Barack Obama immigration plan blocked by 4-4 tie at Supreme Court

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Washington | Published: June 23, 2016 10:10:30 PM

A tie vote by the Supreme Court is blocking President Barack Obama's immigration plan that sought to shield millions living in the US illegally from deportation.

The Senate had passed a broad immigration bill with Democratic and Republican support in 2013, but the measure went nowhere in the GOP-controlled House of Representatives. (Reuters)The Senate had passed a broad immigration bill with Democratic and Republican support in 2013, but the measure went nowhere in the GOP-controlled House of Representatives. (Reuters)

A tie vote by the Supreme Court is blocking President Barack Obama’s immigration plan that sought to shield millions living in the US illegally from deportation.

The justices’ one-sentence opinion today effectively kills the plan for the duration of Obama’s presidency.

A tie vote sets no national precedent but leaves in place the ruling by the lower court.

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In this case, the federal appeals court in New Orleans said the Obama administration lacked the authority to shield up to 4 million immigrants from deportation and make them eligible for work permits without approval from Congress.

Texas led 26 Republican-dominated states in challenging the program Obama announced in November 2014. Congressional Republicans also backed the states’ lawsuit.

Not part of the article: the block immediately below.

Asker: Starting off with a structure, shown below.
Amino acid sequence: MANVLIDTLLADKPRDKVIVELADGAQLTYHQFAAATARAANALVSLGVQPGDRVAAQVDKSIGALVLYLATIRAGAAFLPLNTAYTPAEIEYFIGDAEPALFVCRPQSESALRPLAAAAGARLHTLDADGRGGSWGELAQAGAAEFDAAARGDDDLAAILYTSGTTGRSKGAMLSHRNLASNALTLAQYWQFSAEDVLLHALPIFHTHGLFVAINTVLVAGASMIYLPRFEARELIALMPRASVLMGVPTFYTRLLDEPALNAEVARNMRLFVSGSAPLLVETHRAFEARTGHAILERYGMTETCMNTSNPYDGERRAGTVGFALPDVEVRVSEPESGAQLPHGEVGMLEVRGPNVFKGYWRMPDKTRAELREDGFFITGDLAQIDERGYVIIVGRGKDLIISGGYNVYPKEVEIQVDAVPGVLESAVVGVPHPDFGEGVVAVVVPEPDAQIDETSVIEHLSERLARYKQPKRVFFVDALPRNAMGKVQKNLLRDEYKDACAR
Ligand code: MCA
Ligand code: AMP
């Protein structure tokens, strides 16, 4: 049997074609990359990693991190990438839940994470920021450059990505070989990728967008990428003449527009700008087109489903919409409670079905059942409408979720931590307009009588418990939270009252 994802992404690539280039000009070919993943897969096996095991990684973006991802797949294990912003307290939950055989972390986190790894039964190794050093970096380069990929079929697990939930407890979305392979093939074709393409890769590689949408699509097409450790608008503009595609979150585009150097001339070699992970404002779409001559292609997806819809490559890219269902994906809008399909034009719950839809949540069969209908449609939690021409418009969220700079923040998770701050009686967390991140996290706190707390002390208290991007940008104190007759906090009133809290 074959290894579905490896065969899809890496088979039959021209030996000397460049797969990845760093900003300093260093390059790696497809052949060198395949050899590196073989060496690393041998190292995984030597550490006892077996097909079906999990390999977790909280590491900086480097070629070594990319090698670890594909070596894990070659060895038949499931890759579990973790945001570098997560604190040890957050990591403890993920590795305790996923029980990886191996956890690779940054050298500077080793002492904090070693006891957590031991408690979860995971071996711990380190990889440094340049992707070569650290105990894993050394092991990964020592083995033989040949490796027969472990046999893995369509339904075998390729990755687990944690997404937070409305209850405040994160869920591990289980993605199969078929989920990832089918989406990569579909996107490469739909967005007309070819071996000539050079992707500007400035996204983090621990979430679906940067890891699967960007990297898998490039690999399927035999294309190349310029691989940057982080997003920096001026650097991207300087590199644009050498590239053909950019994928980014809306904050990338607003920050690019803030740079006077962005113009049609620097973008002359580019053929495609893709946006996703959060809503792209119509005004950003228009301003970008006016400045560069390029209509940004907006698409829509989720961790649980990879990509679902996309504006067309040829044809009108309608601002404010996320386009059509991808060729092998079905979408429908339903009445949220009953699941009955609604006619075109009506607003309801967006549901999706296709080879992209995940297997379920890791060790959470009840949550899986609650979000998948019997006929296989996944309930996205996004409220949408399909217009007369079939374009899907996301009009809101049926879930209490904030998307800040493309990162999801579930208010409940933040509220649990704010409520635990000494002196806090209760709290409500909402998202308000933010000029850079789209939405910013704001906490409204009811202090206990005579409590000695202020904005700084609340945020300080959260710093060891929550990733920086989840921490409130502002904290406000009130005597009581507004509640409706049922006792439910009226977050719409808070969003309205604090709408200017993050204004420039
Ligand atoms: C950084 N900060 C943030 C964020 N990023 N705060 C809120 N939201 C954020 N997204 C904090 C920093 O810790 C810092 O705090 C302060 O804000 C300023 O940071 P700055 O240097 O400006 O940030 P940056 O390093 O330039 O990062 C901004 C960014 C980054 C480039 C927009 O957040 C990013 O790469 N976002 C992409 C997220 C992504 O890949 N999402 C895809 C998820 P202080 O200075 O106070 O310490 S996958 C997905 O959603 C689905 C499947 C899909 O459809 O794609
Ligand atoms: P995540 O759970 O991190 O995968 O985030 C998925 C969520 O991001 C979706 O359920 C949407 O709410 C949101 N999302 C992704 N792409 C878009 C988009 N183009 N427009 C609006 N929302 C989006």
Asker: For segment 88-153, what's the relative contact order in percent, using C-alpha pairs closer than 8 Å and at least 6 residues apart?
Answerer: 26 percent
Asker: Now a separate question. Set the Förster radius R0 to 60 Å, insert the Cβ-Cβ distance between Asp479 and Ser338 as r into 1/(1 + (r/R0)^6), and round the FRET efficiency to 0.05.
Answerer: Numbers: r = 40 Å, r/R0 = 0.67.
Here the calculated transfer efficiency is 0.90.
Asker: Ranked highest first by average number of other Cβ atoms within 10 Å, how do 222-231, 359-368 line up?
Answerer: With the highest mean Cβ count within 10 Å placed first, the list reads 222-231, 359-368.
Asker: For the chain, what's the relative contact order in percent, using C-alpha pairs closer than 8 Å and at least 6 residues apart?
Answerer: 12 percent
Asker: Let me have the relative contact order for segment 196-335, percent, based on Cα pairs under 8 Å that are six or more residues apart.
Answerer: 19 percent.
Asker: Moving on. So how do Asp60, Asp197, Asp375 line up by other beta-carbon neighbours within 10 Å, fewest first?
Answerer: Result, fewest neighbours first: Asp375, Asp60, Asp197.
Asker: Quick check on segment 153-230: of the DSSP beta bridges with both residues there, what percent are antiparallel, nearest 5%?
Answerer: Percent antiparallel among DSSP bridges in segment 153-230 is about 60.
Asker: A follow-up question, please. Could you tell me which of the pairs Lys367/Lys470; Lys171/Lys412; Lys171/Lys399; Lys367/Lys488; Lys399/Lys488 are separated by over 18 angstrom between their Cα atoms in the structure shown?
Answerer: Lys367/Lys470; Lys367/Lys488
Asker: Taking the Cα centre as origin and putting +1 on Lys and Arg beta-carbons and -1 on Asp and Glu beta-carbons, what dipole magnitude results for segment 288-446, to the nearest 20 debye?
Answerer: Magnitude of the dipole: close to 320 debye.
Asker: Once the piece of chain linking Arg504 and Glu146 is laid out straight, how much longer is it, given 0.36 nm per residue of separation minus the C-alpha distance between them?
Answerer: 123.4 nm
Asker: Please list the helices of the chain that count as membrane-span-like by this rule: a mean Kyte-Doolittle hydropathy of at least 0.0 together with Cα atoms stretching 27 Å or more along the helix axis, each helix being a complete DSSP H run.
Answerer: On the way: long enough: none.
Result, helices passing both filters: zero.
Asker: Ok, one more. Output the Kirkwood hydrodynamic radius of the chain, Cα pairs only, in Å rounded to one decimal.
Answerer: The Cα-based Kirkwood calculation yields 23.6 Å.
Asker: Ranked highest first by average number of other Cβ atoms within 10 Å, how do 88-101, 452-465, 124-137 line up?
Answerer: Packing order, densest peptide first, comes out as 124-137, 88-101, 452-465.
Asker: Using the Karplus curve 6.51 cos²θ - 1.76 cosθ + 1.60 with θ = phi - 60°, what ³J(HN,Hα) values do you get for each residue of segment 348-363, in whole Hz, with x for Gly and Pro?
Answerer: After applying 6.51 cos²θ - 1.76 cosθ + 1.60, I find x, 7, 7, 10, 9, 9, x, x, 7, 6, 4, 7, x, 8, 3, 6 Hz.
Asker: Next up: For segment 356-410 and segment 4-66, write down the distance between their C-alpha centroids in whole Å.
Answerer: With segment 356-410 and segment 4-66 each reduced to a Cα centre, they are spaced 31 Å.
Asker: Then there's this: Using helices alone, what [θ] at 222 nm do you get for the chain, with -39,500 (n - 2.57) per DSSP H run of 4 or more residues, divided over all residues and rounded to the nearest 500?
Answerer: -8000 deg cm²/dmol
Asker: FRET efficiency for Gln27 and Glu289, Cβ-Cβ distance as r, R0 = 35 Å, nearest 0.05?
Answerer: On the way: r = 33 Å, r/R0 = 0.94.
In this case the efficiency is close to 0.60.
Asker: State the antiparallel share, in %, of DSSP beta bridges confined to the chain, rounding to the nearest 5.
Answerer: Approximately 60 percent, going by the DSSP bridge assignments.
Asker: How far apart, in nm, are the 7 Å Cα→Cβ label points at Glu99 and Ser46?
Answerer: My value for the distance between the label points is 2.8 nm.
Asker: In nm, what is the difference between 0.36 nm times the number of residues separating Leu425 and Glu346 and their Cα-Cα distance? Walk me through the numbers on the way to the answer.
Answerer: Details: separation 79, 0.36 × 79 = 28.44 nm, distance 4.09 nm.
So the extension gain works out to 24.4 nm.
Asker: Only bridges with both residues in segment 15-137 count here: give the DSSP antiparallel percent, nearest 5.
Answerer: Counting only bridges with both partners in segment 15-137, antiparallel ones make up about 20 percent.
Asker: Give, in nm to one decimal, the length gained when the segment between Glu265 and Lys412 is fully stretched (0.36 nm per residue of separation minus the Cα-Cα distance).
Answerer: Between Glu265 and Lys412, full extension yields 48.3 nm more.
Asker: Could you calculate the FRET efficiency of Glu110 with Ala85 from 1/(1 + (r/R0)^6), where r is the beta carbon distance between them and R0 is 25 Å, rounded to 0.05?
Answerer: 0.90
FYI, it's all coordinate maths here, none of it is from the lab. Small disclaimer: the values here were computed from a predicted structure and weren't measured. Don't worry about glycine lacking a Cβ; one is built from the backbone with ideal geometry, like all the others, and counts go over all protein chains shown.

The Obama administration announced the programmes protections for parents of children who are in the country legally and an expansion of the program that benefits people who were brought to this country as children in November 2014.

Obama decided to move forward after Republicans won control of the Senate in the 2014 midterm elections, and the chances for an immigration overhaul, already remote, were further diminished.

The Senate had passed a broad immigration bill with Democratic and Republican support in 2013, but the measure went nowhere in the GOP-controlled House of Representatives.

The states quickly went to court to block the Obama initiatives.

Their lawsuit was heard by US District Judge Andrew Hanen in Brownsville, Texas Hanen previously had criticized the administration for lax immigration enforcement. Hanen sided with the states, blocking the programs from taking effect.

The 5th US Circuit Court of Appeals also ruled for the states, and the Justice Department rushed an appeal to the high court so that it could be heard this term.

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